« ZurückWeiter »
nought for approbation,
But only seeing,] Approbation, in this place, is put JOHNSON. Stuff'd sufficiency:] That is, of abilities more JOHNSON. Line 251. Lest that the treachery of the two, &c.] He has before declared, that there is a plot against his life and crown, and that Hermione is federary with Polixenes and Camillo. JOHNSON,
ACT II. SCENE II.
Line 294. These dangerous, unsafe lunes o' the king!] There is a mode of expression with the French-Il y a de la lune : i. e. He has got the moon in his head; he is frantick. THEOBALD.
ACT II. SCENE III.
out of the blank
And level of my brain,] Beyond the aim of any attempt that I can make against him. Blank and level are terms of archery. JOHNSON.
Line 358. 415.
-leave me solely :] i. e. alone.
And would by combat make her good, so were I A man, the worst about you.] The worst means only the lowest. Were I the meanest of your servants, I would yet elaim the combat against any accuser. JOHNSON.
Line 424. A mankind witch!] A mankind woman, is yet used in the midland counties, for a woman violent, ferocious, and mischievous. It has the same sense in this passage. Witches are supposed to be mankind, to put off the softness and delicacy of women, therefore Sir Hugh, in the Merry Wives of Windsor, says, of a woman suspected to be a witch, that he does not like when a woman has a beard. JOHNSON.
Line 433. -thou art a woman-tir'd;] Woman-tir'd, is pecked by a woman. STEEVENS.
-thy crone.] i. e. thy old worn-out woman. STEEVENS.
Unvenerable be thy hands, if thou
Tak'st up the princess, by that forced baseness-] Leontes had ordered Antigonous to take up the bastard, Paulina for
bids him to touch the princess under that appellation. Forced is false, uttered with violence to truth. JOHNSON.
Line 475. No yellow in 't;] Yellow is the colour of jealousy. JOHNSON. 478. And, lozel,] A lozel or losel, is a sorry or worthless
-commend it strangely to some place,] Commit to some place, as a stranger, without more provision. JOHNSON.
ACT III. SCENE I.
Line 2. Fertile the isle ;] But the temple of Apollo at Delphi was not in an island, but in Phocis, on the continent. Either Shakspeare, or his editors, had their heads running on Delos, an island of the Cyclades. If it was the editors blunder, then Shakspeare wrote, Fertile the soil,-which is more elegant too, than the present reading. WARBURTON.
Shakspeare is little careful of geography. There is no need of this emendation in a play of which the whole plot depends upon a geographical error, by which Bohemia is supposed to be a maritime country. JOHNSON. Line 5. For most it caught me,] It may relate to the whole spectacle. JOHNSON.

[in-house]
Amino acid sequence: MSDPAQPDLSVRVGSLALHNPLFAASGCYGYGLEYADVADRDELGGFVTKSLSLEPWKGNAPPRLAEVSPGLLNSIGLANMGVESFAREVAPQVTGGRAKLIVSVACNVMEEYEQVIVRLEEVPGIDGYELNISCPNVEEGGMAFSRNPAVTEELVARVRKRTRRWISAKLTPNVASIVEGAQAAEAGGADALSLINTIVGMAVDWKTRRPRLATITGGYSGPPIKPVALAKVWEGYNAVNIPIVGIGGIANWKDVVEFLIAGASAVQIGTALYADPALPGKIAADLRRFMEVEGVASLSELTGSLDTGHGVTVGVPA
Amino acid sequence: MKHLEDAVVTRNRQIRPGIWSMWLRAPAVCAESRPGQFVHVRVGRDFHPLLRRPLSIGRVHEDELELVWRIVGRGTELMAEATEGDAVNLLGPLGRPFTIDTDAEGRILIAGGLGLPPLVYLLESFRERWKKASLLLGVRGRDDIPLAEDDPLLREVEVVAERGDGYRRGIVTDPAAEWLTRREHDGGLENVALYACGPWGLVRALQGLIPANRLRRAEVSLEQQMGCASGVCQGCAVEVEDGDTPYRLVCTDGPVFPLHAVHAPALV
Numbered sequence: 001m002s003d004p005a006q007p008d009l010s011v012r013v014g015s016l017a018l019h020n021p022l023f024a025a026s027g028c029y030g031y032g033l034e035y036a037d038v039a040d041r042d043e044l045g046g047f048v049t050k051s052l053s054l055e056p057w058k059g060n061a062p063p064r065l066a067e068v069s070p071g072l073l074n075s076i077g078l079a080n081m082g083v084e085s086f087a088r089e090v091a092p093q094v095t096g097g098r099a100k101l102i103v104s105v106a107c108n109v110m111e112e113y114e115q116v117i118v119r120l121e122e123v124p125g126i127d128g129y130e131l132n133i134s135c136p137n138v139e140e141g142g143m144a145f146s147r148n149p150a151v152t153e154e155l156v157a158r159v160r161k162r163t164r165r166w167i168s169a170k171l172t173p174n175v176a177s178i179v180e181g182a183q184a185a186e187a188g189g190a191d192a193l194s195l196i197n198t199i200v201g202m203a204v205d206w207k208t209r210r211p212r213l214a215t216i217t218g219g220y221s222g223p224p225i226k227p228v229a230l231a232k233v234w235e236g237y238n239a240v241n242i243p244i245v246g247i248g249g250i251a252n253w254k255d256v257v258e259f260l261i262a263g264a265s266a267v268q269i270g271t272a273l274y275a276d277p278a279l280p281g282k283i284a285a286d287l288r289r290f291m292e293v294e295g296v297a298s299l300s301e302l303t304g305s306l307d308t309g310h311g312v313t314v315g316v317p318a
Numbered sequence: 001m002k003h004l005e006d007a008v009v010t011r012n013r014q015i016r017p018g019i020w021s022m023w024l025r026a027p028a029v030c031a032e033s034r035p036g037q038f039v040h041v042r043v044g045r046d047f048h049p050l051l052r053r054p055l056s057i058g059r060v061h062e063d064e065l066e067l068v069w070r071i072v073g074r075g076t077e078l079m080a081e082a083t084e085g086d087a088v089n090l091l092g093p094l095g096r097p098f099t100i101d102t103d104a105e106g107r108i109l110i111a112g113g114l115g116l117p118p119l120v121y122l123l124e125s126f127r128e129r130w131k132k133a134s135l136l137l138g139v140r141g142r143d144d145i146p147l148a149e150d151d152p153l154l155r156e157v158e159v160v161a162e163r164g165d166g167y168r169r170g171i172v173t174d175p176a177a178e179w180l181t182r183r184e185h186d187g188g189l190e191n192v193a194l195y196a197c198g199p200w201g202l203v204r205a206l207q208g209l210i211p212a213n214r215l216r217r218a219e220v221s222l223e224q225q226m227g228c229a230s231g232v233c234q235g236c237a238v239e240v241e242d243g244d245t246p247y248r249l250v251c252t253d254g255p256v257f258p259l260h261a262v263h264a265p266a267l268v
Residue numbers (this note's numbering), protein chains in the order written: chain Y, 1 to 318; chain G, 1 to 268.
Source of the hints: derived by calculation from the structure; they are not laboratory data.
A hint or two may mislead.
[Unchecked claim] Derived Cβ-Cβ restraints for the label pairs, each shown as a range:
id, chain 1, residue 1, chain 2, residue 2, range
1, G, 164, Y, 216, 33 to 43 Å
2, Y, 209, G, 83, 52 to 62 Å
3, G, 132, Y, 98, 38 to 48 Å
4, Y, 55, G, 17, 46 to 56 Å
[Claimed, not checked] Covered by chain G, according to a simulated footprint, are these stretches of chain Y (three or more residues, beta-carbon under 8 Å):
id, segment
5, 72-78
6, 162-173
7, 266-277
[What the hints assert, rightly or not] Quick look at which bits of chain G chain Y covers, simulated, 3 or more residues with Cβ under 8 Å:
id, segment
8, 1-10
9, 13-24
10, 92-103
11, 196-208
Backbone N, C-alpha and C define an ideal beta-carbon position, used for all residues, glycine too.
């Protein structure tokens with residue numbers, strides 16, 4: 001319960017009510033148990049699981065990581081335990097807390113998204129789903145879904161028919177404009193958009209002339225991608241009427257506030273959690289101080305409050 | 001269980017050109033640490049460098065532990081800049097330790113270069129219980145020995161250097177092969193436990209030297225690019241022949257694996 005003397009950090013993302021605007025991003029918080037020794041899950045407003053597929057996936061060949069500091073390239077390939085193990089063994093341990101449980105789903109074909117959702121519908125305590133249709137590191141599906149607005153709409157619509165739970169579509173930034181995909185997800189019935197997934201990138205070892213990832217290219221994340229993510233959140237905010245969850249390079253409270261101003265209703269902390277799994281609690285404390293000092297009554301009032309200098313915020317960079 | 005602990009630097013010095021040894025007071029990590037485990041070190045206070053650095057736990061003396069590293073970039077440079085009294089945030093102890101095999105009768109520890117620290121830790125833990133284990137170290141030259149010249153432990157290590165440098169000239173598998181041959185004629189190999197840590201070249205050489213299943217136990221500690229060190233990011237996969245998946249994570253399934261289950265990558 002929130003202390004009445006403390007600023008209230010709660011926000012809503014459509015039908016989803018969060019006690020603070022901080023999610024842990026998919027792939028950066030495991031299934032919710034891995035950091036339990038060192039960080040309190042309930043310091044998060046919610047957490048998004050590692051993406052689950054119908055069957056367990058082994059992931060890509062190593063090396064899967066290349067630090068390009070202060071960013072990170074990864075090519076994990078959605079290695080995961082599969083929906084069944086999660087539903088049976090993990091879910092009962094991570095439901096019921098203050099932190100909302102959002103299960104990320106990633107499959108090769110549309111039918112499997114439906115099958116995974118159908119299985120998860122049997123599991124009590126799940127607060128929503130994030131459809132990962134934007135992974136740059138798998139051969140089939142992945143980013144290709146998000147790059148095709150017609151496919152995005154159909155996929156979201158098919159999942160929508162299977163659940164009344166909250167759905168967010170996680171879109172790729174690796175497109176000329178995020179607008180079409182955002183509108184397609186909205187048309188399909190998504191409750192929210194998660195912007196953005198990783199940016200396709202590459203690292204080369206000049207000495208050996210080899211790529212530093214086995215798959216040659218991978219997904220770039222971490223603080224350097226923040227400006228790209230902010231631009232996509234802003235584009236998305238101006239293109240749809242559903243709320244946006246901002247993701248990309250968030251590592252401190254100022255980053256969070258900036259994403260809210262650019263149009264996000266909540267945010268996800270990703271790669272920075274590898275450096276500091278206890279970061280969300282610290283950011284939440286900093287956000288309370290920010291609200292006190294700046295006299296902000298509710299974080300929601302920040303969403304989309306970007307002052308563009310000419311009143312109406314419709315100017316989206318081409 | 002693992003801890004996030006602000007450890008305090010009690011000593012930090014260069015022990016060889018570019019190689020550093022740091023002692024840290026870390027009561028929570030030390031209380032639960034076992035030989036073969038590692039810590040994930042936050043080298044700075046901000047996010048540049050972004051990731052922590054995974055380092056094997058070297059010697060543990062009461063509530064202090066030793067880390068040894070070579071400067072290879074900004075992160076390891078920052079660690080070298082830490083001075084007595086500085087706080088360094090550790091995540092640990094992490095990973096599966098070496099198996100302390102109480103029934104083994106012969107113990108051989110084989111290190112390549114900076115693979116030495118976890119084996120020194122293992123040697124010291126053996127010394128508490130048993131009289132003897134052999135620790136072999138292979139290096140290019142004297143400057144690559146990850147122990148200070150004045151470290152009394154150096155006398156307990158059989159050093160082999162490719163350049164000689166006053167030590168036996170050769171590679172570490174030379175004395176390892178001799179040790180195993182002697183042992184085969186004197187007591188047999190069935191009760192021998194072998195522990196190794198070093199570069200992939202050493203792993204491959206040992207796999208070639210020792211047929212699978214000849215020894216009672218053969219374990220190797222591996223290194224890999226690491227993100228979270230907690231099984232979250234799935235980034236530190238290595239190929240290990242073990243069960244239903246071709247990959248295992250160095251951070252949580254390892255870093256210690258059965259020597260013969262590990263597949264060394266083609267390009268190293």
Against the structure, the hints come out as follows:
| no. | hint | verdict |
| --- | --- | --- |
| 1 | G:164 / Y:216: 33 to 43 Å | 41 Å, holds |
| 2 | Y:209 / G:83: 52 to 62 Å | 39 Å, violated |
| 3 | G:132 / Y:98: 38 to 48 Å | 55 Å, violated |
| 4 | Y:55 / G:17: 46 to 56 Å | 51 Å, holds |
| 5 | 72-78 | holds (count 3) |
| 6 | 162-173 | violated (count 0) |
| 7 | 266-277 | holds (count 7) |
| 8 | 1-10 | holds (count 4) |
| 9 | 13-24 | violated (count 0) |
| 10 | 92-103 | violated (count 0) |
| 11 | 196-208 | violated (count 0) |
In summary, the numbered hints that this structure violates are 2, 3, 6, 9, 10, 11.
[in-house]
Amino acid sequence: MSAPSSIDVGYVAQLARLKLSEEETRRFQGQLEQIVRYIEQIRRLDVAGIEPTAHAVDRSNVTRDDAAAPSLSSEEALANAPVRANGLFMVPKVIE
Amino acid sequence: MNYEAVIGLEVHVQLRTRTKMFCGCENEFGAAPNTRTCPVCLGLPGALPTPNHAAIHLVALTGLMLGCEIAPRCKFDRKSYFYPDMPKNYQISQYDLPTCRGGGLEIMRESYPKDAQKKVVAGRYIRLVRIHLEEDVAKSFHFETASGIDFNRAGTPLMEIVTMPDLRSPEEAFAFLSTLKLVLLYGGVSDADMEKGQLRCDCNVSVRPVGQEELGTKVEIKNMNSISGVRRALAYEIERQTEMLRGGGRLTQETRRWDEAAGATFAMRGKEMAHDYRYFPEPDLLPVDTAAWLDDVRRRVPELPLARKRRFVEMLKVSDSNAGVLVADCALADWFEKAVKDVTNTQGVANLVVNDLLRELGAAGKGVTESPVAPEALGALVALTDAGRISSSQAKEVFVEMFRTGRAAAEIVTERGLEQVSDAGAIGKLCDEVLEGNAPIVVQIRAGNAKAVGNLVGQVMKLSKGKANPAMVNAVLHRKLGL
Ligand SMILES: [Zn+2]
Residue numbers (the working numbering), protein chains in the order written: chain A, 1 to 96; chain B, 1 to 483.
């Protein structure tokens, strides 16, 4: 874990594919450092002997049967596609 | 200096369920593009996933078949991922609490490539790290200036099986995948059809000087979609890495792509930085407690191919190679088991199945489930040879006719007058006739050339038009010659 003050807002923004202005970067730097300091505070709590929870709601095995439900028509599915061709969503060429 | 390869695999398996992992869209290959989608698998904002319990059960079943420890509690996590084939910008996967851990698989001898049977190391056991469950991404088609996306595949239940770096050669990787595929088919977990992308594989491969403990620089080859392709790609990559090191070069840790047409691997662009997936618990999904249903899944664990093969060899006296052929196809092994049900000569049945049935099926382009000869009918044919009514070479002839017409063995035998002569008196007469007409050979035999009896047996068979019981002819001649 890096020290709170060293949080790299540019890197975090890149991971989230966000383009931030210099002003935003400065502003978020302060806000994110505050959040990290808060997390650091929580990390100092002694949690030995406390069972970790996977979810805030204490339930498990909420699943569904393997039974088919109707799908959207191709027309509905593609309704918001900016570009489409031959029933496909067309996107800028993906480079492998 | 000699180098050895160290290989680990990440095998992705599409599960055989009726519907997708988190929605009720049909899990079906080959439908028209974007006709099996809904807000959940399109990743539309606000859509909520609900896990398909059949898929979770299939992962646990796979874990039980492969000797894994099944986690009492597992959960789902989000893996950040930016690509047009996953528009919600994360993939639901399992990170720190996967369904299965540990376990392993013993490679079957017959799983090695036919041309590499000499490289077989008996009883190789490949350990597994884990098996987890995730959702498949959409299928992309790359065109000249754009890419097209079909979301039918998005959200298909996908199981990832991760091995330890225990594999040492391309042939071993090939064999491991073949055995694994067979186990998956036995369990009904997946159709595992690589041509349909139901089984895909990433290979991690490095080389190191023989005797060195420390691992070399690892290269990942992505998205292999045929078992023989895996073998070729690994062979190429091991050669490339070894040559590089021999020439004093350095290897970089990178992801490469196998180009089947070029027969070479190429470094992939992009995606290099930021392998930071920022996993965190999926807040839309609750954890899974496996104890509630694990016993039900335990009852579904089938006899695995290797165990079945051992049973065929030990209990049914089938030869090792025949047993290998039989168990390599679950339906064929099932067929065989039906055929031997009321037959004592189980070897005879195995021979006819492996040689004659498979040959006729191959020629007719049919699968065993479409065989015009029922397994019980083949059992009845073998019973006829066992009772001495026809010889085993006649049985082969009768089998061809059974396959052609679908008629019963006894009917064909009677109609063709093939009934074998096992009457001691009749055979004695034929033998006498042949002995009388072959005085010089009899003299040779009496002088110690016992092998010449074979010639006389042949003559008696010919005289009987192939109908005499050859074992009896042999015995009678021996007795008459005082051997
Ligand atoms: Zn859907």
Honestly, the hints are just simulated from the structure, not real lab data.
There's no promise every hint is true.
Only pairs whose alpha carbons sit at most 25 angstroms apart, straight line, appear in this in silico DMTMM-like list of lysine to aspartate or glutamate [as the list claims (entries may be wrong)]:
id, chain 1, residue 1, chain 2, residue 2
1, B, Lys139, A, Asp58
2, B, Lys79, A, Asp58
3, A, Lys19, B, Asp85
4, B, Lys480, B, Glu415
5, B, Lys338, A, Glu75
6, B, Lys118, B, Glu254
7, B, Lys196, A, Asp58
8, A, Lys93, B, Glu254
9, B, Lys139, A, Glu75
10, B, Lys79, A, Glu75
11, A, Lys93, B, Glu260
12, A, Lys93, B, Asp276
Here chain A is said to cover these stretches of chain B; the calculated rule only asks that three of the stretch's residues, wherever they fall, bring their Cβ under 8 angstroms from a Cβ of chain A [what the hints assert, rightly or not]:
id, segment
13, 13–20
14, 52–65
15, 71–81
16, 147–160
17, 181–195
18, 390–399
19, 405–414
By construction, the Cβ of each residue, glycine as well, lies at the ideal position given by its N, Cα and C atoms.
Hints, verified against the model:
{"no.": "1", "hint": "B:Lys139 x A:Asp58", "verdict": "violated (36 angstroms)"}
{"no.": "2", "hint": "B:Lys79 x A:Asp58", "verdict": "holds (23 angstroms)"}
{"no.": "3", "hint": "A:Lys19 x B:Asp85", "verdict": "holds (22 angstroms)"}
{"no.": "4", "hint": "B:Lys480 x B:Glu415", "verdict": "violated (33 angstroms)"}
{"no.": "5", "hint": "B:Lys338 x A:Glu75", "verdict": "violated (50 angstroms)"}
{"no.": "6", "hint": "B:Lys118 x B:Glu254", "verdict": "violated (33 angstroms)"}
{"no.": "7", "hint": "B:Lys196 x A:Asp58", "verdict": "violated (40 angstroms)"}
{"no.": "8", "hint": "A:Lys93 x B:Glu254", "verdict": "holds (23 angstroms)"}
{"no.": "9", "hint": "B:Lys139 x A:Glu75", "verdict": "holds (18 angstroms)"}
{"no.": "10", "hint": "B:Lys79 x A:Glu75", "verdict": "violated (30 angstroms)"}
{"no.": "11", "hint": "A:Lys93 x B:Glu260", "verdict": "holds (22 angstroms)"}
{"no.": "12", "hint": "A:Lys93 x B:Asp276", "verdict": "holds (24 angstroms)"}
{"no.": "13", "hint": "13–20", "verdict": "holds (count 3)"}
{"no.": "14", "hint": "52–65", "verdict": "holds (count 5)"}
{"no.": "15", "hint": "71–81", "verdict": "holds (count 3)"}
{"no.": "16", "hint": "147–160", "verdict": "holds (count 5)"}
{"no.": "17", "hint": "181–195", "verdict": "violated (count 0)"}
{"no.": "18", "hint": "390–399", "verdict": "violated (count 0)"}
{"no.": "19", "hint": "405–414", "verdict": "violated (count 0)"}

Line 18. The time is worth the use on't.] The time is worth the use on 't, means, the time which we have spent in visiting Delos, has recompensed us for the trouble of so spending it. JOHNSON.
ACT III. SCENE II.
Line 37. Even to the guilt,] Even for equal or indifferent.
-47. --pretence-] Is, in this place, taken for a scheme laid, a design formed; to pretend means to design, in the Gent. of Verona.
Line 55. mine integrity, &c.] That is, my virtue being accounted wickedness, my assertion of it will pass but for a lie. Falsehood means both treachery and lie. JOHNSON. Line 71. For life, I prize it- -] Life is to me now only grief, and as such only is considered by me, I would therefore willingly dismiss it. JOHNSON. Line 72. I would spare:] To spare any thing is to let it go, to quit the possession of it. JOHNSON.
I ne'er heard yet,
That any of these bolder vices wanted
Less impudence to gainsay what they did,
Than to perform it first.] It is apparent that according to the proper, at least according to the present use of words, less should be more, or wanted should be had. But Shakspeare is very uncertain in his use of negatives. It may be necessary once to observe, that in our language two negatives did not originally affirm, but strengthen the negation. This mode of speech was in time changed, but as the change was made in opposition to long custom, it proceeded gradually, and uniformity was not obtained but through an intermediate confusion. JOHNSON.
Line 114. My life stands in the level of your dreams,] To be in the level is by a metaphor from archery to be within the reach.
JOHNSON. Line 135. Starr'd most unluckily,] i. e. born under an inauspicious planet. STEEVENS. Line 142. I have got strength of limit.] I know not well how strength of limit can mean strength to pass the limits of the childbed chamber, which yet it must mean in this place, unless we read in a more easy phrase, strength of limb. And now, &c. JOHNSON. Line 159. The flatness of my misery;] That is, how low, how flat I am laid by my calamity. JOHNSON.